Spending time outdoors this summer is a great way to stay active and naturally boost vitamin D levels, but keep in mind that rising temperatures can take a toll on your heart. Even a healthy heart needs to work harder to cool off in hot weather, so be sure to follow these 3 simple tips for a heart-healthy season:
- Exercise Smarter: Plan outdoor activities during cooler hours. Wear light-colored, breathable fabrics and avoid exercising when the sun is at its strongest (typically between 10:00 AM and 4:00 PM). Ease into that run or bike ride, and stop to rest if you feel short of breath or lightheaded. Water activities such as swimming may provide cooler alternatives, or check your local rec center for indoor fitness classes.
- Hydrate: It is always important to drink enough water, and a good rule of thumb is to drink at least half your body weight in ounces of purified (filtered) water daily. However, your body may need even more water on hot days, so be sure to hydrate before, during, and after any physical activity—even low-impact activity such as gardening.
- Eat Right: Why put extra stress on your heart this summer? Stick to a diet rich in protein, healthy fats (especially from fish and olive oil), low-sugar fruits, non-starchy vegetables, nuts, and legumes. Eliminate added sugars, starchy carbohydrates, and trans fats.
Finally, take extra precautions if you are overweight, have high blood pressure or diabetes, or have an increased risk of heart disease. Remember that your heart has to put in a little more effort to keep you healthy despite the heat, and you can help by doing your part.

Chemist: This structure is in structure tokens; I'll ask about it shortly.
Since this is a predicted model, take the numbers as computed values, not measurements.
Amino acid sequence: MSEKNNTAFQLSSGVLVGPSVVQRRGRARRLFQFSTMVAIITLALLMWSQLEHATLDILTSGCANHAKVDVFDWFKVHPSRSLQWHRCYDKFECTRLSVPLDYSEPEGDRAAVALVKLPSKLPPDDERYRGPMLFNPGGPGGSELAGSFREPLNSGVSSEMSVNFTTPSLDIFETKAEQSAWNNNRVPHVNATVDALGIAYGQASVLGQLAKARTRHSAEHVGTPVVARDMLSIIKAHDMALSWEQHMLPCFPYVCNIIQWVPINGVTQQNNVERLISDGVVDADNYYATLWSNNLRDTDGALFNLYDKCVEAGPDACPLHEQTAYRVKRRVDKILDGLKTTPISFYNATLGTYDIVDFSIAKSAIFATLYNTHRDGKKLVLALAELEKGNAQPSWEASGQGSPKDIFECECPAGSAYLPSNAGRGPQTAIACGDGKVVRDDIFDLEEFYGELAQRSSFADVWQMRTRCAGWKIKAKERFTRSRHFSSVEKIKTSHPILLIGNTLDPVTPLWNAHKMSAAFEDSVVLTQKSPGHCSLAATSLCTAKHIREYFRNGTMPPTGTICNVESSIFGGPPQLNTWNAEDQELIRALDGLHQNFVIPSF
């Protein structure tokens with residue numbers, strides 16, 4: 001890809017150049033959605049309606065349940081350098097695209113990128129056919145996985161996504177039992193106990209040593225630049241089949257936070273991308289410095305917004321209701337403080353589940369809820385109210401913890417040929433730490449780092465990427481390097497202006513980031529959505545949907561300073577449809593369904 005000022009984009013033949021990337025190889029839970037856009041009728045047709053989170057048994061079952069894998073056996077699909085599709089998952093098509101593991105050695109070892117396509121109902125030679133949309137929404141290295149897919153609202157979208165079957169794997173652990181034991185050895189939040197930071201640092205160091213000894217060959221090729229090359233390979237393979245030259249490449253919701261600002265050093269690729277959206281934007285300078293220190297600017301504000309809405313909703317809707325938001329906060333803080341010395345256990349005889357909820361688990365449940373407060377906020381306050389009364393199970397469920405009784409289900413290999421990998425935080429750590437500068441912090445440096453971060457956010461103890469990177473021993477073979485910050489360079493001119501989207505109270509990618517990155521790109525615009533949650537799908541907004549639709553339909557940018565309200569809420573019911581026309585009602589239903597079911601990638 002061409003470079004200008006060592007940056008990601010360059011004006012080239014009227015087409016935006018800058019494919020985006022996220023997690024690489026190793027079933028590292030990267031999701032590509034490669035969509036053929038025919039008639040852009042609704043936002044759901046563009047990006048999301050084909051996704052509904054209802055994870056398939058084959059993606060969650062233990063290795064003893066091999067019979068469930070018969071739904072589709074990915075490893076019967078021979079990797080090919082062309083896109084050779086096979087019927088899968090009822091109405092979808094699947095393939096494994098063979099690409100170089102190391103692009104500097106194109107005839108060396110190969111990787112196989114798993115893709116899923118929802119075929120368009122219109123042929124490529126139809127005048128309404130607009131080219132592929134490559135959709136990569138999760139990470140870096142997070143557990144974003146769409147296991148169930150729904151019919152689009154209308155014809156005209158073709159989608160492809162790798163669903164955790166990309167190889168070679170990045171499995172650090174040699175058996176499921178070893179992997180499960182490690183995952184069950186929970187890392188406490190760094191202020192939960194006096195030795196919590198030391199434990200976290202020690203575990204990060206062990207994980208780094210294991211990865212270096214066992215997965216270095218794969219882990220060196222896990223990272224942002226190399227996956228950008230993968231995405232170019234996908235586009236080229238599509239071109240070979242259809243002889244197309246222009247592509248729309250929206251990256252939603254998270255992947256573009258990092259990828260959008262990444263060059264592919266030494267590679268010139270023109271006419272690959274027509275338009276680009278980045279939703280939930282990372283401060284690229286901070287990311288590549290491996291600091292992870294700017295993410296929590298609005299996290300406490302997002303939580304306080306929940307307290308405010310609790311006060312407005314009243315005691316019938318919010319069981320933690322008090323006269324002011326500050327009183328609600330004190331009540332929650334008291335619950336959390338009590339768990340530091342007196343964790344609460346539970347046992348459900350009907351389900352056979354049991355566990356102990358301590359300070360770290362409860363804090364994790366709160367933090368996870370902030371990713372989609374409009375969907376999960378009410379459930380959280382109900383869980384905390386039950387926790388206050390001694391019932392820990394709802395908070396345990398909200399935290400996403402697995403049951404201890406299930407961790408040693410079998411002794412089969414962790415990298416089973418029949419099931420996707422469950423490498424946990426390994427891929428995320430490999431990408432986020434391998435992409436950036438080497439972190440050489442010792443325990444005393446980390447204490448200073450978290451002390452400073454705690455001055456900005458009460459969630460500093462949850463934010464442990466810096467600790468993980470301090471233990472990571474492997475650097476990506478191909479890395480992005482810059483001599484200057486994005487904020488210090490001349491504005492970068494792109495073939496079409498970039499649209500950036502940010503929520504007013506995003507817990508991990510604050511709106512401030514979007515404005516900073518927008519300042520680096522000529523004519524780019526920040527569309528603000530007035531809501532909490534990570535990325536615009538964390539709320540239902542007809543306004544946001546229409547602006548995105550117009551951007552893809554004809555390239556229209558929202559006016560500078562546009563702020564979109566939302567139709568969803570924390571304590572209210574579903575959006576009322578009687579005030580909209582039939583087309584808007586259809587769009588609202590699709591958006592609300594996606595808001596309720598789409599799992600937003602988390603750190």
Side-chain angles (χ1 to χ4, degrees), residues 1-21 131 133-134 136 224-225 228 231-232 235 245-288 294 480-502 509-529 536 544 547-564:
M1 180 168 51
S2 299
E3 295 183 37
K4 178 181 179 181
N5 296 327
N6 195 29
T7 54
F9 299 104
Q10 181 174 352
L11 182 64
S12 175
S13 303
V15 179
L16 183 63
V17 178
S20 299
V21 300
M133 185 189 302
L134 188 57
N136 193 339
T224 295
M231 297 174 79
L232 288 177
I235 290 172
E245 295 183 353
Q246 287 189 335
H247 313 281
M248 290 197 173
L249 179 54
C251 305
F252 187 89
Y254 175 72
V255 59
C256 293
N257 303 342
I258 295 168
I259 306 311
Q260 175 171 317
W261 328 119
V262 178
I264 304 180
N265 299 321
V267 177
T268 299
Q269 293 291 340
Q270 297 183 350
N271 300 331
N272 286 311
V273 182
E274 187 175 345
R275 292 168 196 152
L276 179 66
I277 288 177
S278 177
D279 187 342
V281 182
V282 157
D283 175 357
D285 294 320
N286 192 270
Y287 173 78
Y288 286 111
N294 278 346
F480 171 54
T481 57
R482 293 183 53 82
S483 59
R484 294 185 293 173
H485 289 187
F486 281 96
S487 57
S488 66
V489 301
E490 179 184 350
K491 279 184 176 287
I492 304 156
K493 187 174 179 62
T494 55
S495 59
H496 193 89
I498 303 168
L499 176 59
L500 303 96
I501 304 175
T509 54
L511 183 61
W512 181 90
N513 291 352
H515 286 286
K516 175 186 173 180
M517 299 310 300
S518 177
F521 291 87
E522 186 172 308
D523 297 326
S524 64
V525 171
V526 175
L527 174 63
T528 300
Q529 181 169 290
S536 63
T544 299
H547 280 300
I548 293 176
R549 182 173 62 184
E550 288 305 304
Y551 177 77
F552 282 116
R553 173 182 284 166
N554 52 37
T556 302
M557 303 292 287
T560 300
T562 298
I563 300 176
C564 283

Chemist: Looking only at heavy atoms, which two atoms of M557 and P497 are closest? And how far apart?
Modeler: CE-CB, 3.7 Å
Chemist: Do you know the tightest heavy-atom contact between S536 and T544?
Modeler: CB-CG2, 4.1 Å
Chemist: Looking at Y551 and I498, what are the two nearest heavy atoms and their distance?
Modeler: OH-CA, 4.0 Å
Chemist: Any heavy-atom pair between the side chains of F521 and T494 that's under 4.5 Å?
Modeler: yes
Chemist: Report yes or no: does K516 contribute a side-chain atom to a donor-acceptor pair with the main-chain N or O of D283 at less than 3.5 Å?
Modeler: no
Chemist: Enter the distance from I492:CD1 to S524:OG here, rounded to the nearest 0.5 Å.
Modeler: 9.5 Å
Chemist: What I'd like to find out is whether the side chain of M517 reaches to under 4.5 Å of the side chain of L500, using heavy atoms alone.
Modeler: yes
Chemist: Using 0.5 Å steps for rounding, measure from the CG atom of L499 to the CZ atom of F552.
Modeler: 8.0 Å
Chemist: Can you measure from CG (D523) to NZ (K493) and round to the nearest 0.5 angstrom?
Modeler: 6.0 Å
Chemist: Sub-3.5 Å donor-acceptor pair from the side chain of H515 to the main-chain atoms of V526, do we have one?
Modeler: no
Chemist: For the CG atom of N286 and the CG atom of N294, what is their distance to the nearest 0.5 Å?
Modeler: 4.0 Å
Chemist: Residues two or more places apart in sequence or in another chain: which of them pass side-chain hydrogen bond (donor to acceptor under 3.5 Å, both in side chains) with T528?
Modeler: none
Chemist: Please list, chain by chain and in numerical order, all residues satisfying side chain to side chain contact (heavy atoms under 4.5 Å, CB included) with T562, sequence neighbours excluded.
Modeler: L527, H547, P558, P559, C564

Better, stronger, faster. Programming our gut bacteria to detect the early warning signs of disease and help keep us healthy may sound like science fiction, but researchers have already begun developing and testing the new technology—and the results look promising.
Building upon data from a previous study involving E. coli bacteria, scientists at the Massachusetts Institute of Technology recently created a genetically modified version of common type of bacteria found in the human gut called Bacteroides thetaiotaomicron. They then tested the modified bacteria on mice.
The upgraded B. thetaiotaomicron bacteria were equipped with microscopic circuits and sensors, as well as a “genetic memory” to help them identify DNA patterns and send a signal when they encounter abnormalities such as inflammation or bleeding. Not only did the alterations allow the bacteria to function as a possible disease detector, but they also helped protect them from being killed by antimicrobial molecules in the gut.
Using food as a control method, the research team was able to activate certain genes within the bacteria and modify their response to their environment based on what the mice were fed. Their hope is that similar modified bacteria may one day be used to help detect and possibly alter the genes involved with certain diseases and conditions (including obesity) to ultimately improve treatment and health outcomes.
Knowing that each individual has a unique microbiome and this new technology may not be a “one size fits all” solution, researchers have already planned additional research to analyze how such modified bacteria may function in different environments.